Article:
Toronto makes it easy to enjoy a night on the town with its Entertainment District. It’s not only home to some of the city’s best bars/restaurants, theatres, and hotels but is where thousands of locals and visitors go to enjoy the weekends at the many night clubs in the neighborhood. 


Professional Sports Teams

If you like sports, Toronto is home to several major professional sports teams. Fans flock to the stadiums and sports bars to enjoy games and cheer on their favorite Toronto Teams. 


What’s a Canadian city without good hockey? The Toronto Maple Leafs is the city’s legendary local team, known for its rivalry with the Montreal Canadiens. The NHL team is one of the league’s original six, so it’s no surprise, locals love a good Maple Leafs game at the Scotiabank Arena. 


When the NBA expanded into Canada for the first time, they set eyes on Toronto. As the first Canadian NBA team, the Toronto Raptors have become a contender in major playoff games. Fans can watch home games at the Scotiabank Arena or enjoy a beer and meal at a good Toronto sports bar. 


Professional soccer officially came to Toronto in 2007 and has become a popular sport in the city. The Toronto Football Club is a Major League Soccer team that regularly sees sold-out games at Toronto’s BMO Field. 


With so many sports, it would be amiss if Toronto didn’t have a baseball team as well! The Toronto Blue Jays are the only MLB team outside the United States. The Rogers Centre also has an all-weather retractable roof, so there’s no worry about dressing for rain (or snow in extreme cases!). 


While football is a majorly American sport, Canada has been a fan of the sport since the 19th century. The Canadian Football League (CFL) has several teams, including the Toronto Argonauts, whose home games are at BMO Field. 


Things to Do in Edmonton

While Edmonton may have a different vibe from the big international city life found in Toronto, visitors and locals never run out of museum exhibits to wander, nature to explore, and shops and restaurants to enjoy.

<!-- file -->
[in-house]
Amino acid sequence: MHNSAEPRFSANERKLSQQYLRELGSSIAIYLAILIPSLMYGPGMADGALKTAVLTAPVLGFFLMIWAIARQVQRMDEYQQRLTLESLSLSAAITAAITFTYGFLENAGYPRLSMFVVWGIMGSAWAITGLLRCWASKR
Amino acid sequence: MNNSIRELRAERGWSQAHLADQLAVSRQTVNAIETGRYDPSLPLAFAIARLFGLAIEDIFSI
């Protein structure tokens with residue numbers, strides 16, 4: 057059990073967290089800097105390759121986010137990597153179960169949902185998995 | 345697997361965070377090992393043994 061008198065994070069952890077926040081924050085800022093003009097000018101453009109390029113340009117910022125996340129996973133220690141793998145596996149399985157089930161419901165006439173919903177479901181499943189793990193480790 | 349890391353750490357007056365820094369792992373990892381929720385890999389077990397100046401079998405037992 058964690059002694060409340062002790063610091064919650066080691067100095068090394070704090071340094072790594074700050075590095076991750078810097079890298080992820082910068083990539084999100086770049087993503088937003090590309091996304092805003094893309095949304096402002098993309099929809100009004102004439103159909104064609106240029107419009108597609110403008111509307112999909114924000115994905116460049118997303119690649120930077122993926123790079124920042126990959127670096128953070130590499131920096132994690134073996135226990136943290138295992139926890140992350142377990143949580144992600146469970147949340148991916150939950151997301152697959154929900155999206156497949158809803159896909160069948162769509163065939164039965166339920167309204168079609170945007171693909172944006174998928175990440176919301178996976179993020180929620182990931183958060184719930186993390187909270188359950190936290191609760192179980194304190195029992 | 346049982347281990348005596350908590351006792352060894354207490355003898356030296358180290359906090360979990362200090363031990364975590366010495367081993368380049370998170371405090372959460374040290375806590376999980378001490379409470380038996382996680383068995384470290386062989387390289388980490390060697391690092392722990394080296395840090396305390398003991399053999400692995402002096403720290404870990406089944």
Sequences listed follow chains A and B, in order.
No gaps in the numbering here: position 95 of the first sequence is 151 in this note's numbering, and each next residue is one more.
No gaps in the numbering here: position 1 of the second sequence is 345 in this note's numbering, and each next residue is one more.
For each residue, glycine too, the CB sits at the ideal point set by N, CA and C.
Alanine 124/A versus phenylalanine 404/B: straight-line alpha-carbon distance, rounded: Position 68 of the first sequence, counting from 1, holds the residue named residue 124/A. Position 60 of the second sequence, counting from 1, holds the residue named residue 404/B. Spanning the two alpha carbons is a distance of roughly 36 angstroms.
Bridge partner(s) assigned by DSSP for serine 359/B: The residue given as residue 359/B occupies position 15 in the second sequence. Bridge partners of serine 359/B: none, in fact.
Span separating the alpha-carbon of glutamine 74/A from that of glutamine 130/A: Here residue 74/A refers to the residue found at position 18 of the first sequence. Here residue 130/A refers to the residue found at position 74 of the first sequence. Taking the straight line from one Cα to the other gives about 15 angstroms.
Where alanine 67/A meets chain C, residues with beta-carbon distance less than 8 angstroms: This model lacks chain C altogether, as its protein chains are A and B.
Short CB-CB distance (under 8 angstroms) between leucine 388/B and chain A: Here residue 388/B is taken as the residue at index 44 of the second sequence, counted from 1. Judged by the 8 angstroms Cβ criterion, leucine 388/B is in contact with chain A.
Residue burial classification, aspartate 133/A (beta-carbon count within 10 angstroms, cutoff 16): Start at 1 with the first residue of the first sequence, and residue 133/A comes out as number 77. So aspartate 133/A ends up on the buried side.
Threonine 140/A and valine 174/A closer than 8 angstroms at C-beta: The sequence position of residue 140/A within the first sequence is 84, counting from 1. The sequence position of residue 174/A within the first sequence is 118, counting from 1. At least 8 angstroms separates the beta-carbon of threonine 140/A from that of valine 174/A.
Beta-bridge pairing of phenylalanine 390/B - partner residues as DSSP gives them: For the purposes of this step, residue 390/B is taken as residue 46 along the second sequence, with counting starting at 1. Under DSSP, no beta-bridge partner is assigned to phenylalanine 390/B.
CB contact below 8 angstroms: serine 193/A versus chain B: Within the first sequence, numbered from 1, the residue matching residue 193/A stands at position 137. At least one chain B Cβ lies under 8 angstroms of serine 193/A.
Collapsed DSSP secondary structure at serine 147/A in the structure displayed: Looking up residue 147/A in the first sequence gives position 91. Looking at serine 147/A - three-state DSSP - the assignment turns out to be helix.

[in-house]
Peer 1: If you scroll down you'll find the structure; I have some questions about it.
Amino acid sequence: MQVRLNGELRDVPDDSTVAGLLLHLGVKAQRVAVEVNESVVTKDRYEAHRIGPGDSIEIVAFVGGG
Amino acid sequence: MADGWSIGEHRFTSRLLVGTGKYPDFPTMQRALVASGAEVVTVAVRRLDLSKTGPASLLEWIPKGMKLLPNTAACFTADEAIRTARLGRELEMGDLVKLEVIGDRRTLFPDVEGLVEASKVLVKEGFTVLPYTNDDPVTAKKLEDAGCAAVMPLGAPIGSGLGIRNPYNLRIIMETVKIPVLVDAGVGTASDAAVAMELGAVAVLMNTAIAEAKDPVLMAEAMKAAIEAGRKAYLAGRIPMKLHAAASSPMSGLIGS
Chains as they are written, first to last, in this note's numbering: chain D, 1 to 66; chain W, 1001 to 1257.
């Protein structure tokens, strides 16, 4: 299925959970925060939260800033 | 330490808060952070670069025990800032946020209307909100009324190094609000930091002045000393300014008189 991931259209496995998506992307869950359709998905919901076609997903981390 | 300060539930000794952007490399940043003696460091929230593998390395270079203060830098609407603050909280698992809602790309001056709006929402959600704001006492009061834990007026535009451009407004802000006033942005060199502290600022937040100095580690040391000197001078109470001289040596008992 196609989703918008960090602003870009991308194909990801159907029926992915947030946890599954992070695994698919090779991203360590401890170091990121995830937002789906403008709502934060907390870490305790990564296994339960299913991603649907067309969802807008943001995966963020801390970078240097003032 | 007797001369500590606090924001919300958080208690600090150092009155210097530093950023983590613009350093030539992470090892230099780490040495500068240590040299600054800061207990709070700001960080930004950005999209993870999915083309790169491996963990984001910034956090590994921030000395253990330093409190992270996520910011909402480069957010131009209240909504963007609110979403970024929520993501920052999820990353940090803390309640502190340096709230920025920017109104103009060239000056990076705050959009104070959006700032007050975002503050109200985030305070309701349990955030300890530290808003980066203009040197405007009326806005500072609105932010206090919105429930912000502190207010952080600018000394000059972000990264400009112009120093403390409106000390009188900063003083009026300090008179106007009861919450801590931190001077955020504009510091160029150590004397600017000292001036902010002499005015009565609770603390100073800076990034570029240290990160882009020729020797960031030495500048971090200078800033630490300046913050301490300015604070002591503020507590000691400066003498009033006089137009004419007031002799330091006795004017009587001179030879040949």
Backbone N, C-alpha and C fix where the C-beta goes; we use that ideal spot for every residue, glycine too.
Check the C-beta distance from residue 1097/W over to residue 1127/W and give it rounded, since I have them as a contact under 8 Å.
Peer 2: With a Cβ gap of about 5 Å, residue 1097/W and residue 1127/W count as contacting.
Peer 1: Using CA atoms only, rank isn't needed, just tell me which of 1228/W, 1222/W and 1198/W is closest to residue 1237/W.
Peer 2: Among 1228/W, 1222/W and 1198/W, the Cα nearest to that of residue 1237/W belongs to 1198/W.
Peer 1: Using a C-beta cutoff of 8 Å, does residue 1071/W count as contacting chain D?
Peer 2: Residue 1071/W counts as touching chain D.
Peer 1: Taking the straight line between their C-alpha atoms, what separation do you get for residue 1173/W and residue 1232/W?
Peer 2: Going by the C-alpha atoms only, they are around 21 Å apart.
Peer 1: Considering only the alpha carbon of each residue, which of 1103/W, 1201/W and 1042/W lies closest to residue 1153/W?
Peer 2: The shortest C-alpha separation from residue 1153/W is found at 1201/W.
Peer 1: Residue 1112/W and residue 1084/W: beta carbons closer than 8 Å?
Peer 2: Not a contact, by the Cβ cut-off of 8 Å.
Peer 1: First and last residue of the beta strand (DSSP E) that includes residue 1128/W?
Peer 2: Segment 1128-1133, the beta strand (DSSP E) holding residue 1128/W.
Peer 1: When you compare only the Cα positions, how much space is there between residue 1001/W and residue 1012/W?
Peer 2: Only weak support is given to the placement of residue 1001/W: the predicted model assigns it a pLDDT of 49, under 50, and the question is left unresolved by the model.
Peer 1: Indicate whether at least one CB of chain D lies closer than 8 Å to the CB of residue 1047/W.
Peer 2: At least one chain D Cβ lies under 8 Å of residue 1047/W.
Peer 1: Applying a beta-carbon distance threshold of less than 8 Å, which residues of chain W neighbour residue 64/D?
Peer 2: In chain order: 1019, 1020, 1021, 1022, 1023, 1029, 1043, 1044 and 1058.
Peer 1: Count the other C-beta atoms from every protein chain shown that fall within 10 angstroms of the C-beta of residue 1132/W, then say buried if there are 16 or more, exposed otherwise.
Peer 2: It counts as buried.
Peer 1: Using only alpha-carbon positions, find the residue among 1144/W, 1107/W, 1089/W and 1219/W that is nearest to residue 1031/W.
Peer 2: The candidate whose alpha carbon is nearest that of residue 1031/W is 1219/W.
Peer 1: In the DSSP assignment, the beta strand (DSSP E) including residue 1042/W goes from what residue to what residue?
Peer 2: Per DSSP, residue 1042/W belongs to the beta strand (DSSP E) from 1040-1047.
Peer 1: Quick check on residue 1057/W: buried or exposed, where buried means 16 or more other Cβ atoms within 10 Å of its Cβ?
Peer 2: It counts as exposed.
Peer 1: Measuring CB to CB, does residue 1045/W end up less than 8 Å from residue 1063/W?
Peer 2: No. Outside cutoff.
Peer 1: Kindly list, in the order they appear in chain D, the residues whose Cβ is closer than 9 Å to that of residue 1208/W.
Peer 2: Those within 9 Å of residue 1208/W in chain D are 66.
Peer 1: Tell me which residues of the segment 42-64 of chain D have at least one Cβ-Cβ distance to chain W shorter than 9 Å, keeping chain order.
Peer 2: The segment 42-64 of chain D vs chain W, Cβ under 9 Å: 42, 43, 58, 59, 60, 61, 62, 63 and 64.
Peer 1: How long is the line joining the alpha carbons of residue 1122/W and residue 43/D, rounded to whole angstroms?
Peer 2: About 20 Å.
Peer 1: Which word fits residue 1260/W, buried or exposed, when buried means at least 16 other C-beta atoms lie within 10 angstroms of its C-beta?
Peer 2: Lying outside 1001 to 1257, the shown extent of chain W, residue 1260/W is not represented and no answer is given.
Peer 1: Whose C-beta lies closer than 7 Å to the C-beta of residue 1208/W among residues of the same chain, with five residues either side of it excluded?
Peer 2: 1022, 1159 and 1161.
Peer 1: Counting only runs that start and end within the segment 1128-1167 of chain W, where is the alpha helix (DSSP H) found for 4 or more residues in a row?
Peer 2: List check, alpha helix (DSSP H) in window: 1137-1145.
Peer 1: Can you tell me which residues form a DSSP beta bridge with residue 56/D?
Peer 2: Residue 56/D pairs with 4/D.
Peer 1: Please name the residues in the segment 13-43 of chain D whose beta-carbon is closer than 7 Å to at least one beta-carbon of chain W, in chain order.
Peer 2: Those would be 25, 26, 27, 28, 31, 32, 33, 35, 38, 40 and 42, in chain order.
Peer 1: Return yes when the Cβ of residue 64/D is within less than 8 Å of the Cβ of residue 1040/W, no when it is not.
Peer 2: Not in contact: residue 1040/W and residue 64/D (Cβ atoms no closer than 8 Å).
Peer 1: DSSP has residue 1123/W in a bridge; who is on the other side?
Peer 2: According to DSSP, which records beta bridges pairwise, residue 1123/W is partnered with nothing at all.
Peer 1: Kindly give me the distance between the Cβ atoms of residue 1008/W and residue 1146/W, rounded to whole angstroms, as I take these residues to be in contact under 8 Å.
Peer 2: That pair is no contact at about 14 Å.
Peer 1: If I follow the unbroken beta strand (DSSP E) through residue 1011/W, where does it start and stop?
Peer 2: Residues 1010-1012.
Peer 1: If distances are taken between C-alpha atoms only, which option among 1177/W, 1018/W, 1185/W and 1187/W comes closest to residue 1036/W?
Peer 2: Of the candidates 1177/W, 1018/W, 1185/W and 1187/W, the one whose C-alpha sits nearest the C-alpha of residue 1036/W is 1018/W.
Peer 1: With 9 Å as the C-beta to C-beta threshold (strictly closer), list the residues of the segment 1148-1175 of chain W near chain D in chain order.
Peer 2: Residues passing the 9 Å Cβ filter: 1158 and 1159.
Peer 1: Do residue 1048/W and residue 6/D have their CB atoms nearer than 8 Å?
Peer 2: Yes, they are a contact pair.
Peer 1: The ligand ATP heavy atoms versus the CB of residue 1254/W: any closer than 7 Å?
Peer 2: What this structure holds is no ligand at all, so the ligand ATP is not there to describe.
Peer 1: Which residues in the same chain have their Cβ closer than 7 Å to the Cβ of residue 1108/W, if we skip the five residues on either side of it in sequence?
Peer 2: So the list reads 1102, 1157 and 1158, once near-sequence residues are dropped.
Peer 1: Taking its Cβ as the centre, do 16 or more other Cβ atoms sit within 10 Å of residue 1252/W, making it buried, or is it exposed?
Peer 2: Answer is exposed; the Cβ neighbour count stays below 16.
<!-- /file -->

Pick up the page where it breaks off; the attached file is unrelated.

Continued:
Most Popular Attractions

As the “Gateway to the North” and the starting point for uncharted adventures, it’s no surprise Elk Island National Park is just a short drive from the city. The park welcomes hikers, campers, and overall explorers year-round for an up-close experience with many wild animals, including moose, elk, and especially buffalo. 


Like Toronto, Edmonton is home to its fair share of festivals, including its famous K Days. This 10-day event typically held in July celebrates the 1890 Klondike Gold Rush. The festival features parades, live entertainment, gold rush activities like gold panning, and more. 


The Edmonton Valley Zoo is another one of the city’s greatest attractions. The zoo’s mission focuses on conservation, and more than 350 animals call it home. 


If you’re up for a road trip, two of Canada’s most visited national parks, Jasper National Park and Banff National Park, are just a few hours away and offer unforgettable sights and numerous outdoor activities.



The ultimate shopping, dining, and entertainment experience is at West Edmonton Mall, the largest shopping center in North America. It’s one of Alberta’s most popular tourist attractions and features more than 800 stores, including a water park, mini golf, indoor amusement park, aquarium, and so much more. 


Cultural Attractions

Toronto has ROM, and Edmonton has RAM, the Royal Alberta Museum. Relocated to downtown Edmonton in 2017, RAM is western Canada’s largest museum and home to a collection of cultural objects and specimens related to Alberta’s history and natural environment (Source: RAM). 


Explore Edmonton’s history in one of its open-air museums, Fort Edmonton Park. The buildings have been reconstructed to represent Edmonton’s rise to become a provincial capital. Edmonton is also home to the Art Gallery of Alberta, where visitors can take in more than 6,000 works of art (Source: Art Gallery of Alberta).


If you’re an aviation junkie, the Alberta Aviation Museum has 40 aircraft on display and other historic aviation exhibits. If you love to be outside, the University of Alberta’s Botanic Gardens features hundreds of acres of flowers and gardens, including a Japanese Garden, butterfly garden, and more.



Edmonton has a great nightlife. As soon as the sun goes down, the clubs start bumping and the bars start pouring drinks. From classy bars perfect for special occasions to night clubs with packed dance floors, there’s a place for everyone to enjoy a night on the town. There’s even a café where friends can play board games while enjoying a craft cocktail. 



Edmonton is home to two active professional sports teams. While sports are less prevalent here than in Toronto, the fans of these teams are just as passionate. 


 You can argue that hockey is in the heart of most Canadians, and Edmonton is no different. The Edmonton Oilers is the city’s beloved NHL team. They’ve won five Stanley Cup Championships and are the home team of Wayne Gretzky. The team’s home games are held atRogers Place. 


The Canadian Football League also has a home in Edmonton. The Edmonton Eskimos are a celebrated football team for the city. They’ve won the Grey Cup 14 times and call Commonwealth Stadium home.